65 Rohingya Muslims found on shipwrecked boat off southern Thailand; officials to investigate possible case of trafficking

Bangkok: A group of 65 Rohingya Muslims have been found on a shipwrecked boat off the coast of southern Thailand, Navy officials said on Wednesday as authorities investigated whether they had been trafficked.

 65 Rohingya Muslims found on shipwrecked boat off southern Thailand; officials to investigate possible case of trafficking

People look at the boat that capsized with a group of Rohingya refugees. Reuters

The boat was discovered early on Tuesday in the Tarutao Marine National Park in southern Thailand, some 400 kilometers from the border of Myanmar.

Some 7,40,000 Rohingyas have fled Myanmar since a brutal military crackdown in 2017 against the stateless minority in the Buddhist-majority country. Most have escaped into overcrowded refugee camps in Bangladesh, while others have fallen prey to human trafficking rings as they seek better lives in Malaysia or Thailand.

A Thai Navy spokesman said there were 31 women and five children among the Rohingya on the shipwrecked boat. One Thai man and five Burmese citizens were also in the group. The men said they were fishing in the area and had no link to the Rohingyas. The six men "were detained for questioning because of their suspicious behaviour," Thai Navy spokesman, Vice Admiral Khan Deeubol, said on Wednesday.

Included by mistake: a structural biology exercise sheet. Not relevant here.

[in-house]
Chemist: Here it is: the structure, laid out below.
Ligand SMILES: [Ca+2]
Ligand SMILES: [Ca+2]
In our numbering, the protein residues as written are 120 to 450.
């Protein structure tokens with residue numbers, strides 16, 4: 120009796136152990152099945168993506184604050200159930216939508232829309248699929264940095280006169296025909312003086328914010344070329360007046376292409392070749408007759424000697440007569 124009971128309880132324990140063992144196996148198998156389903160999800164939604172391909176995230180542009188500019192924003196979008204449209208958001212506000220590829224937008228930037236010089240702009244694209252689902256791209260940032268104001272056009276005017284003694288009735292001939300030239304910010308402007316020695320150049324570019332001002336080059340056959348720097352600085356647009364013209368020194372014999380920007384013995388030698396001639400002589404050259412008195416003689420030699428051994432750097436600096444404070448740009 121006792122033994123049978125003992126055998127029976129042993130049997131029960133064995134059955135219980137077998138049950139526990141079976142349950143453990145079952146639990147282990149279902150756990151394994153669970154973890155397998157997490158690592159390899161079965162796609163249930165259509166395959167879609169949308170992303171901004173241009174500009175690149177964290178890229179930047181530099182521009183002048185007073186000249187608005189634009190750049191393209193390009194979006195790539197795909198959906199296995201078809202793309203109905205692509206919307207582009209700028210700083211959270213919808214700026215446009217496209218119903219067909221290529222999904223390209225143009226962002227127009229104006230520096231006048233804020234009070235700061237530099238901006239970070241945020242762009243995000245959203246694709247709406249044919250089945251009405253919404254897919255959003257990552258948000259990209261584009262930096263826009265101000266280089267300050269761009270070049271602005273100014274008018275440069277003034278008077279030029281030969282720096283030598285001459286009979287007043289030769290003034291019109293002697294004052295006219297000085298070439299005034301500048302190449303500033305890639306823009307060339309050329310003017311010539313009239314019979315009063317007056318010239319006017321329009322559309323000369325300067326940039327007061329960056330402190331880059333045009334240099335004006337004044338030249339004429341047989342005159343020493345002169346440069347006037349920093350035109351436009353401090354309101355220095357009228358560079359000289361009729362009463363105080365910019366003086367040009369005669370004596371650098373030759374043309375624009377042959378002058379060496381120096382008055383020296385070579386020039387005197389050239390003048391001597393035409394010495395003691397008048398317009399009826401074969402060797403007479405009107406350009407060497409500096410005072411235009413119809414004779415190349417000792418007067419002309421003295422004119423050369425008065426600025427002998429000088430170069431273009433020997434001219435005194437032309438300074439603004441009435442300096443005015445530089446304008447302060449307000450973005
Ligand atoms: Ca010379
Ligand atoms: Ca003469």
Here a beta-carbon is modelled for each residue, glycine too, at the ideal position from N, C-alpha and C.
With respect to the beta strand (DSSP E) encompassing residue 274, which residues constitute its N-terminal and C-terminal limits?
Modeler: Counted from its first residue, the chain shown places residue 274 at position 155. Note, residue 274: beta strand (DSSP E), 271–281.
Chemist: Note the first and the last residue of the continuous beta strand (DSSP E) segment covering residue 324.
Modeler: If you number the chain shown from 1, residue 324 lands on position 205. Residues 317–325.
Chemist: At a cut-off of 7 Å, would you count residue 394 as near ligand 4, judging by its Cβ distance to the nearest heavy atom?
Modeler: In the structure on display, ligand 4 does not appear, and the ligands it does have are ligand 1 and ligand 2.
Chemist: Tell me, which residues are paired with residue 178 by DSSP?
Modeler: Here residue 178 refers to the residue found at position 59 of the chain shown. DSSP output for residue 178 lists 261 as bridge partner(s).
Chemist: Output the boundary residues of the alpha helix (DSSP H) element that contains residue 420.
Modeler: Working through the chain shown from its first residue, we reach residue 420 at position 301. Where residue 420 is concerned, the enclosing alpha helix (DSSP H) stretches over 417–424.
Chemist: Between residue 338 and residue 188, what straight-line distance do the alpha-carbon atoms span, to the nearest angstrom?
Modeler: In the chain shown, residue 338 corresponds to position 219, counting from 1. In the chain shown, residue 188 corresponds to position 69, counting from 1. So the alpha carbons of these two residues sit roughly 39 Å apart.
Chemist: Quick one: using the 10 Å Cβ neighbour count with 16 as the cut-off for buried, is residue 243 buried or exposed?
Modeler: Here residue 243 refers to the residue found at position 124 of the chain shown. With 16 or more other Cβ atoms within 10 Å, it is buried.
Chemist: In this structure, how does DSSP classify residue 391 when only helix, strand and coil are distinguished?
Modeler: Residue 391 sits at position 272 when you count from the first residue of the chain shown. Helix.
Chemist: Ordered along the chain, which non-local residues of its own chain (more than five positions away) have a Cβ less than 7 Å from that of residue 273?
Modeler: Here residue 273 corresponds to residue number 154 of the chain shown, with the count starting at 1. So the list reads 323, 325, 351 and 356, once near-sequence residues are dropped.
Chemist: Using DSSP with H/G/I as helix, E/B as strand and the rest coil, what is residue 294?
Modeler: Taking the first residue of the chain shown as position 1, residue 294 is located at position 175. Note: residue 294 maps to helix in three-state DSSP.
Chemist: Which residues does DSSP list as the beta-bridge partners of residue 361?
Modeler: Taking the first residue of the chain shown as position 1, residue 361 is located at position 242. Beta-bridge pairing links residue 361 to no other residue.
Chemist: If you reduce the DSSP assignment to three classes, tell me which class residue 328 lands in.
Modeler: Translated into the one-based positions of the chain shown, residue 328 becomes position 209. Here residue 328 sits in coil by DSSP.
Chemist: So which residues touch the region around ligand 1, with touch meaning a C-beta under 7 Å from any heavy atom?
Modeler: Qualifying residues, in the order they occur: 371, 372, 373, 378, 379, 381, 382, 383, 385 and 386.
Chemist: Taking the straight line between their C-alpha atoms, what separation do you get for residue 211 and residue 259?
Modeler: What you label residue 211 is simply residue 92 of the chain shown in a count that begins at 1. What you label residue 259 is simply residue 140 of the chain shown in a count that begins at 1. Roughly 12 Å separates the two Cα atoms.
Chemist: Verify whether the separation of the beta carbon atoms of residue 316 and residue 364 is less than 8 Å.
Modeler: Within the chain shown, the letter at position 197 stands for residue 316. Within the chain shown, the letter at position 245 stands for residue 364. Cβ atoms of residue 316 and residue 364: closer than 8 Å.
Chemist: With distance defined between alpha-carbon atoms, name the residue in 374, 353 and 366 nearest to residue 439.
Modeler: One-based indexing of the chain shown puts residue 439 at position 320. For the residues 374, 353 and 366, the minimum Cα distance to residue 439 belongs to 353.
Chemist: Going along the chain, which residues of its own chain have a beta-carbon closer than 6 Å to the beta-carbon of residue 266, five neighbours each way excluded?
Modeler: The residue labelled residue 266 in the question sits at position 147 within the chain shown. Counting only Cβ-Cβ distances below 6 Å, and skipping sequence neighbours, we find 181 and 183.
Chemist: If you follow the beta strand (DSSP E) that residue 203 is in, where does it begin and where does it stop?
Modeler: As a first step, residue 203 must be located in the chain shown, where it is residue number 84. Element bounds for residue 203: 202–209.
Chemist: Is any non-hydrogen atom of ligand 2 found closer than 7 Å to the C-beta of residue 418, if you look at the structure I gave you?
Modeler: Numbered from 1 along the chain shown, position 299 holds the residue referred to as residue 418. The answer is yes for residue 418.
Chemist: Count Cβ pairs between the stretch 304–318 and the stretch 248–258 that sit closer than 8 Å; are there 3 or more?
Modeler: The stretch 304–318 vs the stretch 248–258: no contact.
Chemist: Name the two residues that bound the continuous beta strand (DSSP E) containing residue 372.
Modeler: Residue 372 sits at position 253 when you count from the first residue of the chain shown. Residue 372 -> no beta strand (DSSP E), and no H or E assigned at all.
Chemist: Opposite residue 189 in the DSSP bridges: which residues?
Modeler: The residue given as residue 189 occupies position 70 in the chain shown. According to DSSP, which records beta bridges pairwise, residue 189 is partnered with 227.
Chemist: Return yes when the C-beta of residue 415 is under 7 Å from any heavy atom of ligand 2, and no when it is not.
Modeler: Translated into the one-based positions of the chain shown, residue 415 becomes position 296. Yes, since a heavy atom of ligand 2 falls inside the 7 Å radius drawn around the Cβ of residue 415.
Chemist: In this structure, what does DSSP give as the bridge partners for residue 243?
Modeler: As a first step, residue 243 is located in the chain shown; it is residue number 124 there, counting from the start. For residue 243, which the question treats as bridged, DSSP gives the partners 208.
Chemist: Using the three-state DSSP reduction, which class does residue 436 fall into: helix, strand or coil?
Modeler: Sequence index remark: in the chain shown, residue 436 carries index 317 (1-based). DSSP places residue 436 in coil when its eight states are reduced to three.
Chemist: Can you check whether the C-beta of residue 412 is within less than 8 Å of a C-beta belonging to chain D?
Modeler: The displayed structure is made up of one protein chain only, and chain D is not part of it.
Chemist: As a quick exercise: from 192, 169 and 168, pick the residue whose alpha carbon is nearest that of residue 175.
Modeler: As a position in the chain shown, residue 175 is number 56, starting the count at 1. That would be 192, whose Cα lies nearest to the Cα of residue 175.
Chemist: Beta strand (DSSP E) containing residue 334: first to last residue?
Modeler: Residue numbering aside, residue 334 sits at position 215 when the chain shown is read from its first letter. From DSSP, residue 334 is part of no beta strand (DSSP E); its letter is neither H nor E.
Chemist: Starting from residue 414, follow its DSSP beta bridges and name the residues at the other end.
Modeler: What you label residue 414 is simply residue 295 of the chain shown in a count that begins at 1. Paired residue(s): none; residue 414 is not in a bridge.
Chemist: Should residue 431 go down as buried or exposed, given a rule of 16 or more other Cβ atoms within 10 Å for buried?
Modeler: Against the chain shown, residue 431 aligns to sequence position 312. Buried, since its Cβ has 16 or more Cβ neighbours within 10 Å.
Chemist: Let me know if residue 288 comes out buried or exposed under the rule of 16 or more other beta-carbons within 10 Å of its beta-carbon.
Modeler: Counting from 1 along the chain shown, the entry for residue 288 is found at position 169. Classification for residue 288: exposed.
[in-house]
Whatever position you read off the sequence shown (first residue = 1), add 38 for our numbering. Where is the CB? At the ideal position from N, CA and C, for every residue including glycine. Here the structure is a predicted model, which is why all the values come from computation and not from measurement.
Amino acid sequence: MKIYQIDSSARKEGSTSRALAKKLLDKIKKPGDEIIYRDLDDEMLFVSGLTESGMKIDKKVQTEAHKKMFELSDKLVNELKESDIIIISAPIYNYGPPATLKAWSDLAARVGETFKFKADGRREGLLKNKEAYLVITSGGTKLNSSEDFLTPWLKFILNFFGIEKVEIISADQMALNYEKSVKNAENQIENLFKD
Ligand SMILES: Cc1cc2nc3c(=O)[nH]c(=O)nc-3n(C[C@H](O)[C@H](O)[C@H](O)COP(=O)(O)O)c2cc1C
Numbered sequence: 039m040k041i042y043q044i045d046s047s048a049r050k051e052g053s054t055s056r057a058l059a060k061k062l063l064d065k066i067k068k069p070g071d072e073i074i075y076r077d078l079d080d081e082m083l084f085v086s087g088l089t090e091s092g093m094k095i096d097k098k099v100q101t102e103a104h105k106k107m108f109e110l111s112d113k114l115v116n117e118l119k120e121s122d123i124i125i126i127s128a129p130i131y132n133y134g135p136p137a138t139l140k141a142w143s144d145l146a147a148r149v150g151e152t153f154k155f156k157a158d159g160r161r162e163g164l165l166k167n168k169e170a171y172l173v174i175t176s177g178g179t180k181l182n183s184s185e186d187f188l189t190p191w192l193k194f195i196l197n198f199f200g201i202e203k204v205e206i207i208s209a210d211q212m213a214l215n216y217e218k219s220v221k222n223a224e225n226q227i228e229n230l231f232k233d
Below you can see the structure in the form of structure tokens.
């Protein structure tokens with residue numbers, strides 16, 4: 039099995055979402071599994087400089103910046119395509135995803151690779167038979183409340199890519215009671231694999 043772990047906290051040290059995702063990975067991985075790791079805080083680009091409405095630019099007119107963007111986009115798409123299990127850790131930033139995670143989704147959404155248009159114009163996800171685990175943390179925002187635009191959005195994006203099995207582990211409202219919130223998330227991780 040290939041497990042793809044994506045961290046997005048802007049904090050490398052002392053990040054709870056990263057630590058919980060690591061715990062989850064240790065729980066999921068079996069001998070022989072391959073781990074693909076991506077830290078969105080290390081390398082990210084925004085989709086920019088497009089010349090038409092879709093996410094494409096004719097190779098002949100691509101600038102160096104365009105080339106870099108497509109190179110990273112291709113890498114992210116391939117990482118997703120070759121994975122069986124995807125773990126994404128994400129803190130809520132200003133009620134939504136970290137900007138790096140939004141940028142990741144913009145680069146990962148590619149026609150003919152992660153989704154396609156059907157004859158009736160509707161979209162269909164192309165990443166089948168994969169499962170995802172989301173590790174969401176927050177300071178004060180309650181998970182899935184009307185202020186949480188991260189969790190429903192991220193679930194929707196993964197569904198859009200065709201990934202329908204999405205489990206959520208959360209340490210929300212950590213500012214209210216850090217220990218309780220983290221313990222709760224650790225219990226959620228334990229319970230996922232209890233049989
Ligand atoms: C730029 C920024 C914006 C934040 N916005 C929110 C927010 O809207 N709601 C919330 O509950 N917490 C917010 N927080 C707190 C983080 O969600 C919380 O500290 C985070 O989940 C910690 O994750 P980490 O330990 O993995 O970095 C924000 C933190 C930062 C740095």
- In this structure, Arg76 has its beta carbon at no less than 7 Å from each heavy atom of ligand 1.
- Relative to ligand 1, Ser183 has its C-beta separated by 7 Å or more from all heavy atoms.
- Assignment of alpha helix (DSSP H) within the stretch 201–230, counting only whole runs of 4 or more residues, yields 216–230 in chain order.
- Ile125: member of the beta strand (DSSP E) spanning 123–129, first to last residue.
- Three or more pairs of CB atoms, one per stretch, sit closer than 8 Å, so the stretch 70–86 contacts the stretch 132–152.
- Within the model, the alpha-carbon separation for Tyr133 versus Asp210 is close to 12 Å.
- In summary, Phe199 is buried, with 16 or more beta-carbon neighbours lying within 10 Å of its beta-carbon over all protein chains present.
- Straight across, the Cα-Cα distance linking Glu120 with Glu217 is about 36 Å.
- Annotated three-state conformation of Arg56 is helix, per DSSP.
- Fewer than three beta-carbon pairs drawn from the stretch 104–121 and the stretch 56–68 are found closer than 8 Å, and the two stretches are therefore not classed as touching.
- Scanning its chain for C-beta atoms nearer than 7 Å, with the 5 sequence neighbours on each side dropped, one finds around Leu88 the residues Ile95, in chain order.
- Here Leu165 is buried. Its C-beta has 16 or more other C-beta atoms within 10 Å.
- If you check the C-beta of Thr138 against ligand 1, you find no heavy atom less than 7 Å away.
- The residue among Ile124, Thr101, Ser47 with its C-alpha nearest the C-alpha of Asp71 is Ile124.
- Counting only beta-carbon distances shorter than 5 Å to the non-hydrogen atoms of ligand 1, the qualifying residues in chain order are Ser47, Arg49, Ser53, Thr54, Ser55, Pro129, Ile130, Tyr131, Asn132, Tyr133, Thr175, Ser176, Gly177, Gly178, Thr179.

A provincial official said the group was initially investigated for illegal entry but the probe had broadened. "Authorities are not ruling out other issues such as human trafficking," an Internal Security Command (ISOC) source in Satun province told AFP. Photos from the Thai Navy showed the group on a beach, some eating rice near the marooned ship.

Bangladeshi authorities have intercepted several suspected traffickers seeking to transport refugees from squalid camps in Cox's Bazaar, where nearly one million Rohingyas are living — almost all refusing to go back to Myanmar out of fear for their safety and rights. Myanmar has said the 2017 crackdown was aimed at rooting out insurgents who attacked military posts. It has signed a repatriation agreement with Bangladesh to return Rohingya refugees, but so far virtually none have volunteered to go back.

United Nations investigators have said the violence amounts to "genocide" and called for the prosecution of top generals.

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Updated Date: Jun 12, 2019 12:35:21 IST